2 replies »

  1. As someone who has spent a good part of a career in journalism interested in/disseminating social science, let me offer a partial answer to the question in the last paragraph.
    1. it’s not ‘popularisation’ (which has a sniff of snobbery and/or epistemological absolutism about it), but application of the rule of thumb news writers apply (which of course is not ideology free) …does this quicken the blood/interest the hard-bitten desk editors/ pass the ‘so what’ test. Economics stuff tends to have a higher ratio of passes because
    2 (subject to empirical analysis) the kinds of things economists are interested in are the kinds of things that intermediaries (who would go out of business if they were too far off the public’s general interests) are excited by ..tax, money, fairness, business, jobs etc. The ‘arena of interest’ also includes gender, family, power – the subject matter more often of the other social sciences – but their output doesn’t hit this spot often enough.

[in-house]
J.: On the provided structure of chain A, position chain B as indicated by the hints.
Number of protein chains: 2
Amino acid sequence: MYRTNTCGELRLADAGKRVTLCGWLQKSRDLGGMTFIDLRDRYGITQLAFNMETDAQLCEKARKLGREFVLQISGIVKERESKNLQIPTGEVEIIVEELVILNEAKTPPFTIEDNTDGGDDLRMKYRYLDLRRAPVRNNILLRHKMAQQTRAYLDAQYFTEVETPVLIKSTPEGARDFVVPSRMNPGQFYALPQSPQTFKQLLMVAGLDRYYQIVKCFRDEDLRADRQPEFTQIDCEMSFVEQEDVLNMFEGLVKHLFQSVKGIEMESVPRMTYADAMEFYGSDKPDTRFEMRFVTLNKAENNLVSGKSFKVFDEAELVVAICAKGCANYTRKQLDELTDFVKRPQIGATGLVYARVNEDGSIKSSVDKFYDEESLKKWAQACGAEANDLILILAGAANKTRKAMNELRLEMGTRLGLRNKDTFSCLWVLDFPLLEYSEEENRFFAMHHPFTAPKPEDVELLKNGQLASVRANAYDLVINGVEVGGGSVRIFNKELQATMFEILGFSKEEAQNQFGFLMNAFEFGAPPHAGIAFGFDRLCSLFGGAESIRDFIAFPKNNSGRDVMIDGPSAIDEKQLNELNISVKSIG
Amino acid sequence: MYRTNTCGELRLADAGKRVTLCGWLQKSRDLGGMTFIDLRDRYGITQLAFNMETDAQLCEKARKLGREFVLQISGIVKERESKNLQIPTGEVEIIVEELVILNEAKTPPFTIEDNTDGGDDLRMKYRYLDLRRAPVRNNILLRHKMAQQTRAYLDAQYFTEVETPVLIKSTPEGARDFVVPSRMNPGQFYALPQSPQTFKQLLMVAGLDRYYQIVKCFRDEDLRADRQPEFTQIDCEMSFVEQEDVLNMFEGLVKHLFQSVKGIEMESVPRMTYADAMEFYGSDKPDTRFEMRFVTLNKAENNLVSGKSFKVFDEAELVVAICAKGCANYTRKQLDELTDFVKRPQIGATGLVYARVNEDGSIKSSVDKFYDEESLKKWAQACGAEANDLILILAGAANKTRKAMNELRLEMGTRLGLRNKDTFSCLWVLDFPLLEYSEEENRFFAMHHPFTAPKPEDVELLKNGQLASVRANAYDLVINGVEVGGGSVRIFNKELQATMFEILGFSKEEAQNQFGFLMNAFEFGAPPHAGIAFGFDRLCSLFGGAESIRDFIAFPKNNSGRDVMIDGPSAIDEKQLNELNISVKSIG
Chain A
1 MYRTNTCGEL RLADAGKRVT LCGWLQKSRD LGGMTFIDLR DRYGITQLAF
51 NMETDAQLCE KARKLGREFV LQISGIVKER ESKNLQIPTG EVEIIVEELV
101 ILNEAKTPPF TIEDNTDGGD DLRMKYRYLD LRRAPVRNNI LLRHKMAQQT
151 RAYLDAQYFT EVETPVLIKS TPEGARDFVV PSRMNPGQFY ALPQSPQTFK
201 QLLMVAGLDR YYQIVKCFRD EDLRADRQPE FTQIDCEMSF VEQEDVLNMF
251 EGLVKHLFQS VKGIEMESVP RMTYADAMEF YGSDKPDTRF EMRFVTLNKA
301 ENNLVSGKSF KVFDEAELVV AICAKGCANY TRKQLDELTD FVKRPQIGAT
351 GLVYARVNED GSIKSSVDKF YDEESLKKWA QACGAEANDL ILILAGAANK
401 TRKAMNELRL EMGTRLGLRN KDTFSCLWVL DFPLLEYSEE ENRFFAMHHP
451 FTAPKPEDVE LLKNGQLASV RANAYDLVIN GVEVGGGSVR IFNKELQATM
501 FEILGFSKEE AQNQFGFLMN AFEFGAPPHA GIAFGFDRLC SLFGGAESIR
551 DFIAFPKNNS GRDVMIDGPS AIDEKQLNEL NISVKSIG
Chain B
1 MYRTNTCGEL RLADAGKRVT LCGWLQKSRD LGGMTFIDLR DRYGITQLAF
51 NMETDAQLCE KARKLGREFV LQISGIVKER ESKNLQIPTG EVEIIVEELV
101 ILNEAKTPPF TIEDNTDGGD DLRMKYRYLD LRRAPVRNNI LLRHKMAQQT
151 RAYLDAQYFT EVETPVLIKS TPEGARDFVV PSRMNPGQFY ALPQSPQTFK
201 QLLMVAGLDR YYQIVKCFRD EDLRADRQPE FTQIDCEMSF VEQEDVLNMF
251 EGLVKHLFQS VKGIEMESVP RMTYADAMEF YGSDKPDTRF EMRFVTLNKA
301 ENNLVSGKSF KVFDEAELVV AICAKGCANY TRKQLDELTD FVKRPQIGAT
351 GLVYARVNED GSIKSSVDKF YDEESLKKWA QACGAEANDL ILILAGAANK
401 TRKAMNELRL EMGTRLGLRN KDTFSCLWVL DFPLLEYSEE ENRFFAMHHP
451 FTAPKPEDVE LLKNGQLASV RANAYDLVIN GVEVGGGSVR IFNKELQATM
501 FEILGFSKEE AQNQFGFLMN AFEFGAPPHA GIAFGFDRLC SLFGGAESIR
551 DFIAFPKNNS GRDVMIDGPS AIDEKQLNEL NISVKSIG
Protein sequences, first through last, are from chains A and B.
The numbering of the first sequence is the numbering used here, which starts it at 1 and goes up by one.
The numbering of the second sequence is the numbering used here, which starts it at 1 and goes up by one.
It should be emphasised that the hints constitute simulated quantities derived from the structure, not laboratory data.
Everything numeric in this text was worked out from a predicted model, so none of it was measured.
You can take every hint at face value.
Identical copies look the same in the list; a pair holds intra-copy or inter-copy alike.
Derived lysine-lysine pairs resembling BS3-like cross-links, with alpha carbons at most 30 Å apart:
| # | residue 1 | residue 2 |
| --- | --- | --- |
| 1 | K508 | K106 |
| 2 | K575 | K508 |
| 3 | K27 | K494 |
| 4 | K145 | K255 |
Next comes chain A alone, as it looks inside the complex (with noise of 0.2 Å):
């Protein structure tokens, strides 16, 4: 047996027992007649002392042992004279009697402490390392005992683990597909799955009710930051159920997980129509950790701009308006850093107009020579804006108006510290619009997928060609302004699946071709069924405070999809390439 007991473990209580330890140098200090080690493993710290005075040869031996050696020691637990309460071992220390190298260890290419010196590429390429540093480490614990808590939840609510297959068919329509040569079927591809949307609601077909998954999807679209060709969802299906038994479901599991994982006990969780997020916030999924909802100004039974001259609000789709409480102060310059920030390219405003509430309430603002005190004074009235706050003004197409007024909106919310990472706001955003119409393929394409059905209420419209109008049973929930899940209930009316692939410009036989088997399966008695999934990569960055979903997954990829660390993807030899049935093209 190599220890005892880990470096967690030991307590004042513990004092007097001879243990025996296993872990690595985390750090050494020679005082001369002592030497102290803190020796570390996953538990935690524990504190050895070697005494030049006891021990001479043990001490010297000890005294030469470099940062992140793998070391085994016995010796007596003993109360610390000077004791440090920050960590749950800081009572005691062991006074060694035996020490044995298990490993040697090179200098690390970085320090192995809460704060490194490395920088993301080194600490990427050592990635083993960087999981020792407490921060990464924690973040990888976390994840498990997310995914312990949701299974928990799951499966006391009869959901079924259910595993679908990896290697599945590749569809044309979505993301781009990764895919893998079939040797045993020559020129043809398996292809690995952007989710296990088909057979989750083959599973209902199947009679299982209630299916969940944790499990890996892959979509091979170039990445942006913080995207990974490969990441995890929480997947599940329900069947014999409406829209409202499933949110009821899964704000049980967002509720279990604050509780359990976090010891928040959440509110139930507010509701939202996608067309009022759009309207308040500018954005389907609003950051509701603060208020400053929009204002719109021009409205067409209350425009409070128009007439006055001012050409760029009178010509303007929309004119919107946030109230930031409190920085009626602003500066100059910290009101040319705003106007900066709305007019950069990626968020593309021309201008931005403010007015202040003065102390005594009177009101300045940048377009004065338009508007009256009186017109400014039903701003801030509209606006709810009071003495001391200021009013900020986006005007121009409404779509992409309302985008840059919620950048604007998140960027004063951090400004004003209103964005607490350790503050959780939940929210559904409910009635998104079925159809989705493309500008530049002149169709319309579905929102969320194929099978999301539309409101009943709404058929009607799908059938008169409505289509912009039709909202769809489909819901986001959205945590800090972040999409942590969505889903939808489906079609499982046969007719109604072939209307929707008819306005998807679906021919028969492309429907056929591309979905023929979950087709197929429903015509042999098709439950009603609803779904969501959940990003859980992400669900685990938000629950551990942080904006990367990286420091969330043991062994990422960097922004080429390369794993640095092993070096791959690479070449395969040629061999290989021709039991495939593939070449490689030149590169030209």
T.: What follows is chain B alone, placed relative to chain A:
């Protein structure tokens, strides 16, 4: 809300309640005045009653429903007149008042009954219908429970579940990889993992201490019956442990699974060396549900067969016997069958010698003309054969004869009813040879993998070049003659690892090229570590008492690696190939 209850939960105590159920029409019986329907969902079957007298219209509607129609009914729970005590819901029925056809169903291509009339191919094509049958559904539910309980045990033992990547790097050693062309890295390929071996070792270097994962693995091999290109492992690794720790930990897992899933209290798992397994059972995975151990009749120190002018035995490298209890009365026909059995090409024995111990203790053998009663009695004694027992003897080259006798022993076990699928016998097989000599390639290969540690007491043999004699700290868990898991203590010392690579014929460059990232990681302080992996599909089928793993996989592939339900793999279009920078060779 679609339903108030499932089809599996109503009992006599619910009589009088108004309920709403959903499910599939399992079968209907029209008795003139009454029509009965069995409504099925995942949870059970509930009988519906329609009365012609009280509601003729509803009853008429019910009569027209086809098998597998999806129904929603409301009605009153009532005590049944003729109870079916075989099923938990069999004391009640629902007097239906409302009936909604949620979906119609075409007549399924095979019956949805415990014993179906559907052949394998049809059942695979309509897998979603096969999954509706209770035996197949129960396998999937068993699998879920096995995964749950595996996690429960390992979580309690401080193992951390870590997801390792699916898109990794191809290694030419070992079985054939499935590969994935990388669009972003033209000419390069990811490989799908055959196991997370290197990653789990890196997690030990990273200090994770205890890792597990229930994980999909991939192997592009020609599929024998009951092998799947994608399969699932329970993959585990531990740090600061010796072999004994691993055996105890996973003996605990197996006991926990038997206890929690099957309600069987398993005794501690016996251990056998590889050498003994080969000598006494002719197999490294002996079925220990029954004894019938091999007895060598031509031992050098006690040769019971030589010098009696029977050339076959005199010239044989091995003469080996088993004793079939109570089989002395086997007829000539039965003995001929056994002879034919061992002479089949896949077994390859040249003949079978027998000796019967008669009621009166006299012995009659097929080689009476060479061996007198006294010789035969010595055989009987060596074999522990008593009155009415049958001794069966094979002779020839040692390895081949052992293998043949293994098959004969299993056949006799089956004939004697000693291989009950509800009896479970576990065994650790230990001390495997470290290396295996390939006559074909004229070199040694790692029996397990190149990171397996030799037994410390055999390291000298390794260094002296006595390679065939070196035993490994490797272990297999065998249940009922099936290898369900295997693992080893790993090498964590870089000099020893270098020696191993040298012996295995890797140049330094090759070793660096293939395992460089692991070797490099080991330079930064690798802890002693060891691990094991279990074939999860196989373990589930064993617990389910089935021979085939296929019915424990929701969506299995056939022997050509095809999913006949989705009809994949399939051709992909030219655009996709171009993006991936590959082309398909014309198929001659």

Here’s a thought experiment. The Institute for Fiscal Studies is supremely successful at subjecting public conversation (especially initiated by politicians) to disciplined analysis and critique, usually economics led. Were there, say, an Institute for Social Policy, in what circumstances and over what output might it command the attention the IFS does.
    And, a question for social scientists, are there enough practitioners of sociology and social policy to step up and do what Paul Johnson and colleagues do with such effect?

Leave a Reply

Your email address will not be published. Required fields are marked *